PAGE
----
Below are working research papers commissioned by the Institute.

Summary: This report first focuses on public engagement, specifically seeking to shed light on trends around ESG issues. Our research to-date has found that 54% of ESG resolutions are related to social issues. These are largely made up of diversity in the work place, human rights and employee health. 29% of ESG resolutions are related to environmental issues and 17% to governance. The prevalence of social and environmental issues in proposals filed is part of an ongoing growth trend since 2010. Despite their increasing prevalence, voting in favor of ESG related proposals has stayed consistently below 25% on average since 2010, short of the 30% threshold at which a company is expected to consider the issue. The energy sector in the US receives the most proposals for voting.

Summary: The aim of this ongoing research is to examine the practices of top sell-side analysts around ESG integration. To-date, of the 187 quarterly earnings calls where 16 analysts from J.P. Morgan, Morgan Stanley, and Citi asked questions, we identified that 26% of the calls had a question classified either as ESG or as focusing on long-term value creation.

Summary: This paper reviews existing research and examines the impact of corporate sustainability on employee behavior and, thus, organizational costs and revenue, referred to in this paper as the corporate sustainability – employee behavior value chain. The research is meant to support the Institute’s effort to develop a set of standards for measuring and reporting on the impact of sustainability on organizational and financial performance. Measuring corporate sustainability in a manner that predicts financial performance needs to include the corporate sustainability – employee behavior value chain as research has established it affects organizational and financial performance. That is, empirical evidence suggests that participation in employer sustainability programs improves employee engagement, performance, and retention; and, thus, positively affects organizational costs and revenue.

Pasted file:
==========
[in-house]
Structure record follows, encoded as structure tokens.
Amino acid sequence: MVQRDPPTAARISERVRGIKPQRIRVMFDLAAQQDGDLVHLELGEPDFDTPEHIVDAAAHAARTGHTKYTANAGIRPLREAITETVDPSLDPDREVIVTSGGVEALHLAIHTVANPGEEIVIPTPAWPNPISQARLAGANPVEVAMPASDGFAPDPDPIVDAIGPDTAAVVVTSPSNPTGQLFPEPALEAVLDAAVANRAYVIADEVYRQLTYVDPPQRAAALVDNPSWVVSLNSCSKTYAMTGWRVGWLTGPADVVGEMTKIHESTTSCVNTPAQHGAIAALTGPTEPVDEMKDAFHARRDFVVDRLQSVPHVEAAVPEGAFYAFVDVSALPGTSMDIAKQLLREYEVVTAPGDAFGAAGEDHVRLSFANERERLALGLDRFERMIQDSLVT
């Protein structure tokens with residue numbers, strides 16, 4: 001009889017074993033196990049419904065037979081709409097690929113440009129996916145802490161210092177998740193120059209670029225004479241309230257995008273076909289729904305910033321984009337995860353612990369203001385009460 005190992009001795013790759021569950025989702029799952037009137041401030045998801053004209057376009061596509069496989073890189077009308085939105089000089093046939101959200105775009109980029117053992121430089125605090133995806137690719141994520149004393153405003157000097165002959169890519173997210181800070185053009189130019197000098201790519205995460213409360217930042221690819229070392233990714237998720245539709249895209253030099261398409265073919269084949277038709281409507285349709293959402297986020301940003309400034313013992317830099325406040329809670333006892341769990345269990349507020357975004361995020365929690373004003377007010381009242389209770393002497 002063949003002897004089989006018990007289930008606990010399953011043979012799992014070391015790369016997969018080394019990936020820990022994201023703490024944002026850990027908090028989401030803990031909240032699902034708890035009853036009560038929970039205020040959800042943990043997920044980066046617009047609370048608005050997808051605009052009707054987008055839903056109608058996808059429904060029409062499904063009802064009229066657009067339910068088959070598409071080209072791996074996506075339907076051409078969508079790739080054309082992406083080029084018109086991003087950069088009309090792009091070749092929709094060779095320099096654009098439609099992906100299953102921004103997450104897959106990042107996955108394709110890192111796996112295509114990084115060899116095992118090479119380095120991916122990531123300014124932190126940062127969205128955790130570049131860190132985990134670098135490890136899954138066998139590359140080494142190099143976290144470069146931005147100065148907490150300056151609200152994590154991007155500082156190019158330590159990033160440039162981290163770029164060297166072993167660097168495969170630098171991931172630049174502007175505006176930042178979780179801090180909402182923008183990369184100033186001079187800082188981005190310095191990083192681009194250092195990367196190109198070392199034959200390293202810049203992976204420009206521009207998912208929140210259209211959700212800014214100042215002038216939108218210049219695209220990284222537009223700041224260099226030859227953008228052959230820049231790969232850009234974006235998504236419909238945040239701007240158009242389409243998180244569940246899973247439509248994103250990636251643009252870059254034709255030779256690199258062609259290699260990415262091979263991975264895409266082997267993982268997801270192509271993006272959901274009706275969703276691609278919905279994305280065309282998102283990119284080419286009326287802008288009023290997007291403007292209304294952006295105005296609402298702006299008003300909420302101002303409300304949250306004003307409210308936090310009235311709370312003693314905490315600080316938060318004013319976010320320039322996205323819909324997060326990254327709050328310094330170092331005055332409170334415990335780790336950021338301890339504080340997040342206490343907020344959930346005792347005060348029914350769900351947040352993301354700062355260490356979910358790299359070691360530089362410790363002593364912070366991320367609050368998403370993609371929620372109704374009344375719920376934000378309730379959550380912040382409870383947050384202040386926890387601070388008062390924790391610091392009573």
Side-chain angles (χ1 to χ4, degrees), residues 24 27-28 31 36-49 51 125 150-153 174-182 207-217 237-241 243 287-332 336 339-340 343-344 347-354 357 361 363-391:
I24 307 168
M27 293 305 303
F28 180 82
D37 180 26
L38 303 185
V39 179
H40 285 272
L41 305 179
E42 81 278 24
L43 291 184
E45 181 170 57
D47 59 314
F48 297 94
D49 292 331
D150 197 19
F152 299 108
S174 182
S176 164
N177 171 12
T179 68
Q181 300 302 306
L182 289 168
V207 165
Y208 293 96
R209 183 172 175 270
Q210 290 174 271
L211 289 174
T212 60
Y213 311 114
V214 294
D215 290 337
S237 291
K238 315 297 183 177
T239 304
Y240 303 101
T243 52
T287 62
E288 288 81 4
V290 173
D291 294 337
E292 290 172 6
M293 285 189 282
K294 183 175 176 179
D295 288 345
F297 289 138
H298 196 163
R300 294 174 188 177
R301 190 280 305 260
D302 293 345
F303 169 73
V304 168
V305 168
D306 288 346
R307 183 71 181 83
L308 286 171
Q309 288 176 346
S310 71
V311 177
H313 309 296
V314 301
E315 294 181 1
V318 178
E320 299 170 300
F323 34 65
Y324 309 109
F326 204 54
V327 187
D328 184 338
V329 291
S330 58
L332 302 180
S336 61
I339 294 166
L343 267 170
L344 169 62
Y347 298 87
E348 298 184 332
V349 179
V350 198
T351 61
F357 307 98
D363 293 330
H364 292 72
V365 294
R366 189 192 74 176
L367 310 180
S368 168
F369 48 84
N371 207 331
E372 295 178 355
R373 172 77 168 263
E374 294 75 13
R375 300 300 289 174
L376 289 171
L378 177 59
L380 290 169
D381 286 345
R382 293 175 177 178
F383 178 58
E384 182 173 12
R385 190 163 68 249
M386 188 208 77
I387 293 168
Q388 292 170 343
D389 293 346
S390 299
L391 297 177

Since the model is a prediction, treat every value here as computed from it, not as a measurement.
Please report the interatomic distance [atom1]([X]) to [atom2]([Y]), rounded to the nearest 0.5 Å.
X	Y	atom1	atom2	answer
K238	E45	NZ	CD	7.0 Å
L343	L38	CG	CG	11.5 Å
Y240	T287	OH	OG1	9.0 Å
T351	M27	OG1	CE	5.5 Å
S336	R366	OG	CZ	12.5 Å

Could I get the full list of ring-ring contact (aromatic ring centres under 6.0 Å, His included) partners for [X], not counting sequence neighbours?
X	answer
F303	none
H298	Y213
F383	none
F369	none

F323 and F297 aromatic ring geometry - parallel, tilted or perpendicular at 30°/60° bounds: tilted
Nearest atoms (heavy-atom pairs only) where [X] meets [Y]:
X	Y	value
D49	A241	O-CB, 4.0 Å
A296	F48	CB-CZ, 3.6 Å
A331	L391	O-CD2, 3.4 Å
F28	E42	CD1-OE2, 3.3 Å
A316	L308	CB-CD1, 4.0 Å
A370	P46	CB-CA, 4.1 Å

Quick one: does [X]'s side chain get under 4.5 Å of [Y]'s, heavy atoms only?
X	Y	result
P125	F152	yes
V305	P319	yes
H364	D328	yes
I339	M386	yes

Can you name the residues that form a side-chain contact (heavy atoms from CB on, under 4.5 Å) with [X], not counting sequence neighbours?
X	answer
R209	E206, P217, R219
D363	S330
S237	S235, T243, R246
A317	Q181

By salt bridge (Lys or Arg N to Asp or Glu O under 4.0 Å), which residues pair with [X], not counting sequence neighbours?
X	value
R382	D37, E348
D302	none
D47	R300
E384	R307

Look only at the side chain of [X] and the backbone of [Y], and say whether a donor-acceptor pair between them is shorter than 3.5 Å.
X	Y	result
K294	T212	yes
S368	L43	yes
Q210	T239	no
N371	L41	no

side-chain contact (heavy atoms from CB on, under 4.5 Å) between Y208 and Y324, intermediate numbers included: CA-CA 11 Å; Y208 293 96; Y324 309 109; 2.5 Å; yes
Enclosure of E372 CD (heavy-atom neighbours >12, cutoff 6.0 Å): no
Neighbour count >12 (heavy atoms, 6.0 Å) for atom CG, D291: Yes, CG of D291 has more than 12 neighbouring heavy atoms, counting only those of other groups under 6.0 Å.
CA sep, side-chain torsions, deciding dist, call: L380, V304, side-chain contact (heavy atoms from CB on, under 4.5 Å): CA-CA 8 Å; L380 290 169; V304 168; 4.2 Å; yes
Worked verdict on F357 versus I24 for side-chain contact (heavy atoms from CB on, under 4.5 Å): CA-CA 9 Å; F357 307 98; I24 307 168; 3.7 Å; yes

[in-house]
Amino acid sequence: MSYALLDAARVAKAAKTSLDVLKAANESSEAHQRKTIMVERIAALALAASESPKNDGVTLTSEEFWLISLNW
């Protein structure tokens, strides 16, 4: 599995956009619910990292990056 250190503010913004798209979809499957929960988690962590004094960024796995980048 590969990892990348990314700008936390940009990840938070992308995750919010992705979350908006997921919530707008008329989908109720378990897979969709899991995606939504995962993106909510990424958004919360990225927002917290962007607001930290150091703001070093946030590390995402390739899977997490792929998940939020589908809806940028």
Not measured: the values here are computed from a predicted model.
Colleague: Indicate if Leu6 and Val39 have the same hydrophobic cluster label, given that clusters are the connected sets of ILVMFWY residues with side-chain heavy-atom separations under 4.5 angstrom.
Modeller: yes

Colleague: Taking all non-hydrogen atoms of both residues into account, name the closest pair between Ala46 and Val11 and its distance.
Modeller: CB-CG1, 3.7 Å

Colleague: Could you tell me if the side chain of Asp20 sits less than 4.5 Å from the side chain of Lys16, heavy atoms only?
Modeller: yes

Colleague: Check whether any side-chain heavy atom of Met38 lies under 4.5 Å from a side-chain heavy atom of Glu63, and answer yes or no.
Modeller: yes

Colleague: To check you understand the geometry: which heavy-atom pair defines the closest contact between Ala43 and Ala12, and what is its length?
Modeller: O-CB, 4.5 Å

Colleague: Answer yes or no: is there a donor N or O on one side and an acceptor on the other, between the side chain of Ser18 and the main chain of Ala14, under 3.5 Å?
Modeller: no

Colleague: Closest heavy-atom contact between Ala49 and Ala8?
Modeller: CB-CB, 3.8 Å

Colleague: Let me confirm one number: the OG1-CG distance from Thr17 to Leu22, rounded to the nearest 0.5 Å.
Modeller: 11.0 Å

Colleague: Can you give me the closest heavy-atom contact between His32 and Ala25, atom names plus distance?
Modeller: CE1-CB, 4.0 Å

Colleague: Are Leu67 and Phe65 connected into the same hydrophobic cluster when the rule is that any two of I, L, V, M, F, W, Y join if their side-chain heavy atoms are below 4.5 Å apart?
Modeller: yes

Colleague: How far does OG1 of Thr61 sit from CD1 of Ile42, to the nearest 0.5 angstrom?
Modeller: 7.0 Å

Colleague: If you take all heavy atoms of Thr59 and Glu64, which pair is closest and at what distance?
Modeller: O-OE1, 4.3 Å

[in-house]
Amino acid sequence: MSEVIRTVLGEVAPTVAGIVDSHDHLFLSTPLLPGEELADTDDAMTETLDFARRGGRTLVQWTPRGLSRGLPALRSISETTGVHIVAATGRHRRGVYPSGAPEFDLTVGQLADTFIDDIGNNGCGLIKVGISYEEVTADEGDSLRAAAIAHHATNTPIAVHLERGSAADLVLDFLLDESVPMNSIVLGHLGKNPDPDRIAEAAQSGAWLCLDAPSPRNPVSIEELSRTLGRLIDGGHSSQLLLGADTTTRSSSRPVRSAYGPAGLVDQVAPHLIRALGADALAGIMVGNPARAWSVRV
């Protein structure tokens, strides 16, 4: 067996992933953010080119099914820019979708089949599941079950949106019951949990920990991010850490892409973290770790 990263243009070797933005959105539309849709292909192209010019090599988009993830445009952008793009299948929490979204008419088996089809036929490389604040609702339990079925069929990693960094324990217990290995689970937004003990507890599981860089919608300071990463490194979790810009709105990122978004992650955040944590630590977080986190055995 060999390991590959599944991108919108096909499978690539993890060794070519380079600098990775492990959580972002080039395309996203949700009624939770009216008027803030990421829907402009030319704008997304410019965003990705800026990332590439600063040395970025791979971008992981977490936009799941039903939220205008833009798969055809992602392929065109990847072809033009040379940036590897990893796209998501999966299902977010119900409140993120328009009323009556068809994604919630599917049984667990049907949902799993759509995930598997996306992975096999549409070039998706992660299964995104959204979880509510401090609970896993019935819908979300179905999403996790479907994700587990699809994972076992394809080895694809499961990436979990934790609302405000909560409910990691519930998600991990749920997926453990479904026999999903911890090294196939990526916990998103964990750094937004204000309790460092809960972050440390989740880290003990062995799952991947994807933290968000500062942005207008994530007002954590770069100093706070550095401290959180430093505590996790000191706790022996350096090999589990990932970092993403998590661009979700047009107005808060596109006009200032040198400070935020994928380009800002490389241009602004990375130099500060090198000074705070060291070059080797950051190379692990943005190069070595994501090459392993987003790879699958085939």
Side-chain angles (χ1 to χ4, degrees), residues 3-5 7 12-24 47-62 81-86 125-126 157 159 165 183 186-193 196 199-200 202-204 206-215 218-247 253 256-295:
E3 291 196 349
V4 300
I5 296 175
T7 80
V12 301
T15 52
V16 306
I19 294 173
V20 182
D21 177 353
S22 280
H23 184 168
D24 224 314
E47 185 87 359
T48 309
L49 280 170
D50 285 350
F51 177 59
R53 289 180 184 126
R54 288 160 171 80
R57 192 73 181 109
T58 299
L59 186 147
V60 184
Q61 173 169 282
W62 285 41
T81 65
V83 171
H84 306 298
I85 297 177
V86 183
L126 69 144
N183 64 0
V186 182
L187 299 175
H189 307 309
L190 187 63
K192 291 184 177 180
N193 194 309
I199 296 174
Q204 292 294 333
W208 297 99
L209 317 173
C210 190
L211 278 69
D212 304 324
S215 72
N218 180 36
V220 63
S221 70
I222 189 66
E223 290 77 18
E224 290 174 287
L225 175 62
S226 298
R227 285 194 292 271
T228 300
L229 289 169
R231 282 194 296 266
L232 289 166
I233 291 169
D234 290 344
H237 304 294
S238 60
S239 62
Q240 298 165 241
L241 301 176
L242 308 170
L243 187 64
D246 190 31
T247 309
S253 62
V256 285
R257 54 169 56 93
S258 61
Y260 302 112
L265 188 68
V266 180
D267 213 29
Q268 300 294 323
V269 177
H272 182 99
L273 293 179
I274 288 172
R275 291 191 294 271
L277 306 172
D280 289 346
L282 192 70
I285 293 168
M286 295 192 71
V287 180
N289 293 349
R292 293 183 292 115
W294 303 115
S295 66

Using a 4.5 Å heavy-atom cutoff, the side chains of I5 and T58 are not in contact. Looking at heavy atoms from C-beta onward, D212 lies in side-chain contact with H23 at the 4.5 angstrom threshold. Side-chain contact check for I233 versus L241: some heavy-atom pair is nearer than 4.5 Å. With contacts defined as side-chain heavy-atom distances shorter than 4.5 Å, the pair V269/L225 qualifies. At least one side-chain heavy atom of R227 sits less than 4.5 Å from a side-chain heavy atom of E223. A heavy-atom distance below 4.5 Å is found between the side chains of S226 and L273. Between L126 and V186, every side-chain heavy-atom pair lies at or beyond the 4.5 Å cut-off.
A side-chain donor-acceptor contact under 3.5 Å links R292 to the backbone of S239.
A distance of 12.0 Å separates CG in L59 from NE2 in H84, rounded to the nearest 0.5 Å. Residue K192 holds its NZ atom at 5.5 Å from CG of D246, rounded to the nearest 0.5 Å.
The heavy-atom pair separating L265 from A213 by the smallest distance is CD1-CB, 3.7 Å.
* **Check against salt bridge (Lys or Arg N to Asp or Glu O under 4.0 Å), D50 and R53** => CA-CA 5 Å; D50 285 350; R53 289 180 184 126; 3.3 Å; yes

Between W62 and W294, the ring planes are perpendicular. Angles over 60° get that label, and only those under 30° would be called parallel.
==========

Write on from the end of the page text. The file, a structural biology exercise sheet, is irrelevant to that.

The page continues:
Summary: Key players in the shadow banking sector cut across six segments of activity: consumer lending, small business lending, leveraged lending (loans to non-investment grade businesses), mortgage banking (both origination and servicing), commercial real estate and student lending. To overcome these challenges and fulfill the disruptive potential of the shadow banking sector and digital advice and currencies, a number of breakthrough opportunities are needed, including: achieving true mass market feasibility, better mixing people and technology, coalescing around the open ledgers and increased transparency, going deeper with banking the unbanked, and engaging more effectively with regulatory and policy players.

Summary: This paper focuses on the social finance market, which comprises socially responsible investment (SRI), Environmental, Social and Governance (ESG) and impact investing, and has proven its potential for impressive short-term growth in recent years, rising from $13.3 trillion in total size at the outset of 2012 to $21.4 trillion at the start of 2014. Social finance and its sub-disciplines encompass any investment activity that generates financial returns and includes positive social and environmental impact—with each discipline distinguished by the level of intentional and explicit alignment with ESG attributes.


Disclaimer: These are working papers for HMI programs in development and not intended for general circulation.